Can Your PC Run the Core Experiences?
The Upgrade Advisor first tests a PC's hardware, looking for signs that the system has all the chops it needs to handle essential disk, memory, and CPU functions. As you can see in Figure 3-2, the Advisor will tell you whether these hardware features are up to the task of running Vista's core experiences, which are basic features.
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Figure 3-2: On most PCs built since 2005, the Upgrade Advisor will report that the hardware will run the core experiences of Vista. If a PC fails this test, don't even think about installing Vista on the machine without investing in more serious hardware upgrades.
If the Upgrade Advisor reports "No action required" for your hardware, you can breathe a sigh of relief. This all-clear doesn't necessarily mean that Vista will run acceptably fast on that particular machine, but it does mean that the advisor found no show-stoppers that would necessitate expenditures on your part for new PC components.
If you decide at this point to install Vista on this particular PC, and it proves to be too slow for you, you can still upgrade your RAM, video board, disk drive—possibly even swap out your motherboard for a new model—to improve the situation. You may not have that luxury if you install Vista on a PC that the Upgrade Advisor reports isn't capable of handling it.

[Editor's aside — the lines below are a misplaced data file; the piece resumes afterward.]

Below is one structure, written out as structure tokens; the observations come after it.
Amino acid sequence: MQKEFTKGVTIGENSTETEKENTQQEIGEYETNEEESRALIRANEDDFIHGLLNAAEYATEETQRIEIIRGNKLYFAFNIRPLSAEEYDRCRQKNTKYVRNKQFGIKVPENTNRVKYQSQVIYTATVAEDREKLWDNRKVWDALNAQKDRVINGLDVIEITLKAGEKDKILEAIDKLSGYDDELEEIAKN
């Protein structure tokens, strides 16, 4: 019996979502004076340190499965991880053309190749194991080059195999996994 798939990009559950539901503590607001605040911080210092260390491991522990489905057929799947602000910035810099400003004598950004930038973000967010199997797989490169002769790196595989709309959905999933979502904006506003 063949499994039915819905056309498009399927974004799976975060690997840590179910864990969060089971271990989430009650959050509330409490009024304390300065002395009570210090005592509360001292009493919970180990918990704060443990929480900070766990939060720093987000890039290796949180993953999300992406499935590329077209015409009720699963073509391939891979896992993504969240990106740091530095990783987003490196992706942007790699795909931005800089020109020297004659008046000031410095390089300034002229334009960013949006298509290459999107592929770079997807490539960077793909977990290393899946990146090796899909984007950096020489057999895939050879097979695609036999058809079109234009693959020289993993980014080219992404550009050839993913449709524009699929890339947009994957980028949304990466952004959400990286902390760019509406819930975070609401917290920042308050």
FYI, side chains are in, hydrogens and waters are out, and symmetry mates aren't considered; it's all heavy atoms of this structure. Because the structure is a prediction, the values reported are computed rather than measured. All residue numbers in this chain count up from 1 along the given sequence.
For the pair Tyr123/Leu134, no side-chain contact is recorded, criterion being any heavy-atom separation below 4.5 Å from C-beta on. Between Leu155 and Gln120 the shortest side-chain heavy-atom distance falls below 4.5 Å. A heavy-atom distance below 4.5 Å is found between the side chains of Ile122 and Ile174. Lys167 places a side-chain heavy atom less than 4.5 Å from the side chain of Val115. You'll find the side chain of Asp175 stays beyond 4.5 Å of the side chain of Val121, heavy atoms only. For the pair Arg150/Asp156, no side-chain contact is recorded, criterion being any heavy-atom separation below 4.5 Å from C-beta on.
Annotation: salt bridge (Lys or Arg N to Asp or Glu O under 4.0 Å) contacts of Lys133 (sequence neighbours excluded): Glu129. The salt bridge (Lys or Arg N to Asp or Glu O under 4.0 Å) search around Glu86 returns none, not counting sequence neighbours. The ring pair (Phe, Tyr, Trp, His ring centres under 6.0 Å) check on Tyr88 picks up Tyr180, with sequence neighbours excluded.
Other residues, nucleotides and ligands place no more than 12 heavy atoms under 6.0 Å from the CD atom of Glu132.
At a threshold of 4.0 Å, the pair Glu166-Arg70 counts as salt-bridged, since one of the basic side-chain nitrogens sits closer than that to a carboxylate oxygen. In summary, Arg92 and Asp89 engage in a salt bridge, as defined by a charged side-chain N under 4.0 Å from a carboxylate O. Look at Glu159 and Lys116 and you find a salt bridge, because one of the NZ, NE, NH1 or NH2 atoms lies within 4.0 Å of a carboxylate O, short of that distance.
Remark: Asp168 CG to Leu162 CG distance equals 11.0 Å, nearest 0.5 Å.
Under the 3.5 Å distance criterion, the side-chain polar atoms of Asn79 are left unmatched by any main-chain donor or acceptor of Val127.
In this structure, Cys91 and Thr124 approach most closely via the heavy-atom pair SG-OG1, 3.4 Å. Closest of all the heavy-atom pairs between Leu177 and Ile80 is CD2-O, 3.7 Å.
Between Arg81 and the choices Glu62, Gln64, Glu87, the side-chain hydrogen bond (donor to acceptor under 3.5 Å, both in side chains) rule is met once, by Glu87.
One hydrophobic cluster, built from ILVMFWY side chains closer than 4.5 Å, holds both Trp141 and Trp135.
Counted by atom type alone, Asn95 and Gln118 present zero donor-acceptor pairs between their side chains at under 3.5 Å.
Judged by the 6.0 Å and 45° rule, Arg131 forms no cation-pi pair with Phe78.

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|Go beyond Microsoft's Help guide and discover the true secrets of Windows Vista that are essential to power users. Written by two of the most recognized Windows authorities, this resource provides you with numerous tips, tricks, and undocumented features that aren't available anywhere else. You'll find extensive screenshots, tables, and illustrations that clearly show how to achieve optimal performance, fix desktop problems, and take advantage of the robust features of Windows Vista.Purchase Windows Vista Secrets from Wiley|
|ABOUT THE AUTHOR:|
|Brian Livingston is the coauthor of 11 Windows Secrets books. He is also editorial director of the weekly Windows Secrets Newsletter and author of the Executive Tech column for Datamation. Paul Thurrott is the author of more than a dozen books as well as the news editor of Windows IT Pro Media and editor of the SuperSite for Windows. He writes a daily Windows newsletter called